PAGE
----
Beat the heat on your bike.
Top tips on how to cycle in summer heat on your bike trip
Summer is coming and at long last, we can get out and cycle in it!
The world is changing, and we are seeing increases in temperatures across the board in all areas of the world. This of course presents a whole new set of challenges for cyclists globally.
However, planning on cycling in summer at home or in southern Europe during its hottest months of July, August and early September, need not be curtailed though if you plan your cycling accordingly.
Think, there is no bad weather for cycling, just different kinds of good!
Read time: 5 min
How to cycle on hot days
Mad Dogs and Englishmen go out in the midday sun, as Noel Coward’s famous song sang in the 1930s.
If you plan to do this too and cycle, there are a few things to make this experience fun and not fatal!
Biking in the World’s hot spots
We regularly take our cycling trips to hot countries such as Australia, Malaysia & Vietnam. I’ve also cycled in Ethiopia’s Danakil Depression, officially the hottest place on earth, where the cruel average yearly temperature is in the 35°C (95°F) range, I can say without hesitation, heat is not for everyone when cycling. However, with a good mindset, planning and prep, it can be!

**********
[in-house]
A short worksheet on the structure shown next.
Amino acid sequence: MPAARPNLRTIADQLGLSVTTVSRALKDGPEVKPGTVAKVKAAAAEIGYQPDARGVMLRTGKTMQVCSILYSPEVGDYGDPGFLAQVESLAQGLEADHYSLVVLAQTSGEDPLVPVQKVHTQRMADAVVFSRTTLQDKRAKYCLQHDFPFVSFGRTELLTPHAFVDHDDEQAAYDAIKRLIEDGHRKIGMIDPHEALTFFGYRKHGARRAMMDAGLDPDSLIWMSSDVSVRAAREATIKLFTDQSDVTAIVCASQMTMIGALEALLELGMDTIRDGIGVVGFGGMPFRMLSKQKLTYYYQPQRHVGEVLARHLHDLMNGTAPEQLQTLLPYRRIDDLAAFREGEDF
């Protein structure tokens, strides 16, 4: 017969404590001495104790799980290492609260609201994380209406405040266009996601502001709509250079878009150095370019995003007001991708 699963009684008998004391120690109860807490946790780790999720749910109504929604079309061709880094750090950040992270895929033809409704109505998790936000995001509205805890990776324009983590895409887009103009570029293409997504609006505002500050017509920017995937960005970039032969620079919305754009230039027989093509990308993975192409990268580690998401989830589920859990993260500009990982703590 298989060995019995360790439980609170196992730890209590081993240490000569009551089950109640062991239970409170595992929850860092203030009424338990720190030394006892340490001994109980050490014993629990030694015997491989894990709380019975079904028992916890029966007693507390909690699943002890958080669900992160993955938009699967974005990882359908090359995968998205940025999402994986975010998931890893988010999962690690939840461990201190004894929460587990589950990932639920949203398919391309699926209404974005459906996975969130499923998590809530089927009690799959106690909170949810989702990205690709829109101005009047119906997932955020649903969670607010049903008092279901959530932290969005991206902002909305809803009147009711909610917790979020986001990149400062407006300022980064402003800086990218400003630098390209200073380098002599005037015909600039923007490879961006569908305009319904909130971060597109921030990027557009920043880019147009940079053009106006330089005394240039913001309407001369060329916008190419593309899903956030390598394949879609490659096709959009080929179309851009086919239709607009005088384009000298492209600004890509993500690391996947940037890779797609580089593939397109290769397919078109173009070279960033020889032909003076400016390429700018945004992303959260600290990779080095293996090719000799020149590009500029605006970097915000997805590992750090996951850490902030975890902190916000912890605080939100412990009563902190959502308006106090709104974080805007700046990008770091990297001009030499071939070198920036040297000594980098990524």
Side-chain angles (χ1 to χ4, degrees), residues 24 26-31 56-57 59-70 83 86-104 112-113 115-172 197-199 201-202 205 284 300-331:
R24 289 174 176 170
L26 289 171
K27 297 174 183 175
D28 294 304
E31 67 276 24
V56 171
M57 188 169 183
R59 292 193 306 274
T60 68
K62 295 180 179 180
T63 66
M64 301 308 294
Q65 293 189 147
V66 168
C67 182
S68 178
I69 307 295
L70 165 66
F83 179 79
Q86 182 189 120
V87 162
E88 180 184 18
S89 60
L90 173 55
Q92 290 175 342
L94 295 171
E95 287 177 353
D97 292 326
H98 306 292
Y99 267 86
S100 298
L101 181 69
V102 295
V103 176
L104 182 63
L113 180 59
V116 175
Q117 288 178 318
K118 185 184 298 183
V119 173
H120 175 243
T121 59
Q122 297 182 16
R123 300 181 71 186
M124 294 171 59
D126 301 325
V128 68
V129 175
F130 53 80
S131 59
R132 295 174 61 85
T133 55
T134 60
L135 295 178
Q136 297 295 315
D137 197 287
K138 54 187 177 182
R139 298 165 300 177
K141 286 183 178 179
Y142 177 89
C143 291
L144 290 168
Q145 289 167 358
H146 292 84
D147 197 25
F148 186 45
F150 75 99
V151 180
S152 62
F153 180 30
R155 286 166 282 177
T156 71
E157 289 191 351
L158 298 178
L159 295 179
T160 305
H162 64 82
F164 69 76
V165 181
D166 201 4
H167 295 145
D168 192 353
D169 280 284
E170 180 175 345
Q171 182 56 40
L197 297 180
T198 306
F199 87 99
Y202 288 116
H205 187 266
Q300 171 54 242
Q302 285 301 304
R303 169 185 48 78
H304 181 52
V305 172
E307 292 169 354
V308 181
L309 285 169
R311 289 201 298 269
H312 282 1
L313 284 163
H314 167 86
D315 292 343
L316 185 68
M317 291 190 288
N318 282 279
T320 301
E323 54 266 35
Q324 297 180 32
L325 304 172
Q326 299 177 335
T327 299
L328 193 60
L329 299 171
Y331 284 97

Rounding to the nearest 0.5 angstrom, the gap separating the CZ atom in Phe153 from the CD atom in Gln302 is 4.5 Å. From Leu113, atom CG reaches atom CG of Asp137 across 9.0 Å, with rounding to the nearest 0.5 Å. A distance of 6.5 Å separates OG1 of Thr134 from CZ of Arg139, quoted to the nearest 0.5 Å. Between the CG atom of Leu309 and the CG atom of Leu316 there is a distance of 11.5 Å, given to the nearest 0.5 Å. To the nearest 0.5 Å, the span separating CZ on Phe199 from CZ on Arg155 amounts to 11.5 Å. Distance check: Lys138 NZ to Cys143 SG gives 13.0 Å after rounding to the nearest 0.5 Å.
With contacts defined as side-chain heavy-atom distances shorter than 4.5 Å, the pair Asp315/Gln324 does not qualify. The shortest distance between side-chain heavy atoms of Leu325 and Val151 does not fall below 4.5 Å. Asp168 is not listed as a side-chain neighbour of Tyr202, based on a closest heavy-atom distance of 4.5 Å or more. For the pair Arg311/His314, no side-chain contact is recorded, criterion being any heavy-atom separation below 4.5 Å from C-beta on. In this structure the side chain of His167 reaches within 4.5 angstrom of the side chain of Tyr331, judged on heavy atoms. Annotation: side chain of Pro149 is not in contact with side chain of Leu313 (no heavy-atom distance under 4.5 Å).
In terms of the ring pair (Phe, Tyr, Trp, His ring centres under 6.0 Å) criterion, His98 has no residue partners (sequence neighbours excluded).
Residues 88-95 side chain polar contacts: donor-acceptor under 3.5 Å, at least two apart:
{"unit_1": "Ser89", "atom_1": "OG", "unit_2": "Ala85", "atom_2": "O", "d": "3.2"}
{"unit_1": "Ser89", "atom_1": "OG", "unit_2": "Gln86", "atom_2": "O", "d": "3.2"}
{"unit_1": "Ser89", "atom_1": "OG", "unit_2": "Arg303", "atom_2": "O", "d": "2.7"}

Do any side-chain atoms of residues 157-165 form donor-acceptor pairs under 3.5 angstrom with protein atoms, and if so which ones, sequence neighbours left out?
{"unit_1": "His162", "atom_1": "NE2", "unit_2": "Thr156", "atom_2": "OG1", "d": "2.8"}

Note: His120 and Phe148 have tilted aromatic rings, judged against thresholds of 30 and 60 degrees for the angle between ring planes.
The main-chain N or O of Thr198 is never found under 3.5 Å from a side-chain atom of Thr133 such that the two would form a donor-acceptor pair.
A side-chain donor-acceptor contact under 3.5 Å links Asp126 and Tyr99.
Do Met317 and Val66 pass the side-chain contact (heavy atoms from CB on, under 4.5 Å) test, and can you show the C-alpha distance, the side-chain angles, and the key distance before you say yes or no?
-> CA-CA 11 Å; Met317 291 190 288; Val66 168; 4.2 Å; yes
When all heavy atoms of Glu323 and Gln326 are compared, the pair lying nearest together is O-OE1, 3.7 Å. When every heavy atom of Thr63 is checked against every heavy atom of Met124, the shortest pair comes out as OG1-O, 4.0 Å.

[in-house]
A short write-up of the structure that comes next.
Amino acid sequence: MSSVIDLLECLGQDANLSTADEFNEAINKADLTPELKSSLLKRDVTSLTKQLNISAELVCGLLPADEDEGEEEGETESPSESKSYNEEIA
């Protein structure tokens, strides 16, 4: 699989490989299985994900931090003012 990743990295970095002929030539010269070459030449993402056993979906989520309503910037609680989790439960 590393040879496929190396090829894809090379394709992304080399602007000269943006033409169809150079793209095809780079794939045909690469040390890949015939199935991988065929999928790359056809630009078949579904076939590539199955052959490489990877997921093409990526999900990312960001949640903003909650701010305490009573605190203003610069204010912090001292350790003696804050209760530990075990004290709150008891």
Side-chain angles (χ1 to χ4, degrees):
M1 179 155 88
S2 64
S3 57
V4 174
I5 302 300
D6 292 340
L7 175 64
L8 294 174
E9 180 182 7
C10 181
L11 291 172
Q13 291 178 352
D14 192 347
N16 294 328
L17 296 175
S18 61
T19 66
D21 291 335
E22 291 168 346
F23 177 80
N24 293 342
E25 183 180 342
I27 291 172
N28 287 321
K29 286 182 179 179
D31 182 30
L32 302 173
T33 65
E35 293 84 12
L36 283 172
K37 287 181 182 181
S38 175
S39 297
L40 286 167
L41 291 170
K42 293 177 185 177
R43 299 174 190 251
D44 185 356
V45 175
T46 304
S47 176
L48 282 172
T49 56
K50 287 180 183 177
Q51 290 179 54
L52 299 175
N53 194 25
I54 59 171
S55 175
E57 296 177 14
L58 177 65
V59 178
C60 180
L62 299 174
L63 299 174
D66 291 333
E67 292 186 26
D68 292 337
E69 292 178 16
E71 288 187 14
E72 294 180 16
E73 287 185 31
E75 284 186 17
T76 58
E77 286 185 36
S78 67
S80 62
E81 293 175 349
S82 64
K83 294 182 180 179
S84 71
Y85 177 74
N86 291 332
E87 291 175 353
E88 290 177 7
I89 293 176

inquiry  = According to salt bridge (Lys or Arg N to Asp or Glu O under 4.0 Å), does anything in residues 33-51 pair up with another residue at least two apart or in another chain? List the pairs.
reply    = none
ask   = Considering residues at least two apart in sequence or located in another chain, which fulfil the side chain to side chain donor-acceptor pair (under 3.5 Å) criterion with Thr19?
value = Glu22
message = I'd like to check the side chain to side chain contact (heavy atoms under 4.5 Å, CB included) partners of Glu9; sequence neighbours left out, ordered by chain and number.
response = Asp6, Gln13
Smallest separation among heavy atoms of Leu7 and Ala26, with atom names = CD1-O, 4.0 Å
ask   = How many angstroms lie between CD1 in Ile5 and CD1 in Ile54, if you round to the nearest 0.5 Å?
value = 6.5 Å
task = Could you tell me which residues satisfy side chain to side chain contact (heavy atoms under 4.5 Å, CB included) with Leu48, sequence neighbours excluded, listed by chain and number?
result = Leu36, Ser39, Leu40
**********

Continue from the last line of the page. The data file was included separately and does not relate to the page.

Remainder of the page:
Embrace hot weather but be careful
However, saying that, even if it is, it is crucial you know what your limits are and to stop very much before you get to them. Heat can debilitate quickly and easy and is a dangerous thing to play with. Here are some tips to minimize the risk.
How do you take care while cycling in heat?
Drink, Drink, Drink and then keep drinking – Try taking a bigger bottle on the bike too and use isotonic tabs.
Keep Hydrated on a Hot Day’s Cycle
If you do enjoy exercising in heat like we do, make sure you have water on you. Always.
I like to throw electrolytes in it just to replenish those lost minerals that will be lost. Even start hydrating the day before if you know you are going riding the next day.
There are many cafes on our cycling routes in hotter countries like Southern Spain and Portugal, so take every chance to fill up and keep drinking. One of the handy things I had in the Danakil was an insulated water bottle, so it doesn’t always seem like you are drinking tea so hot the water. I also carried a Camelback hydration pack and if you are seriously cycling in the summer, I would recommend one. Then there is no excuse of becoming dehydrated.
Plan your Ride Carefully
You may not be able to organize your trip to other months, so plan daily.
If you do choose to come to Southern Europe in those months, definitely arrive days early and acclimatise to the temperature.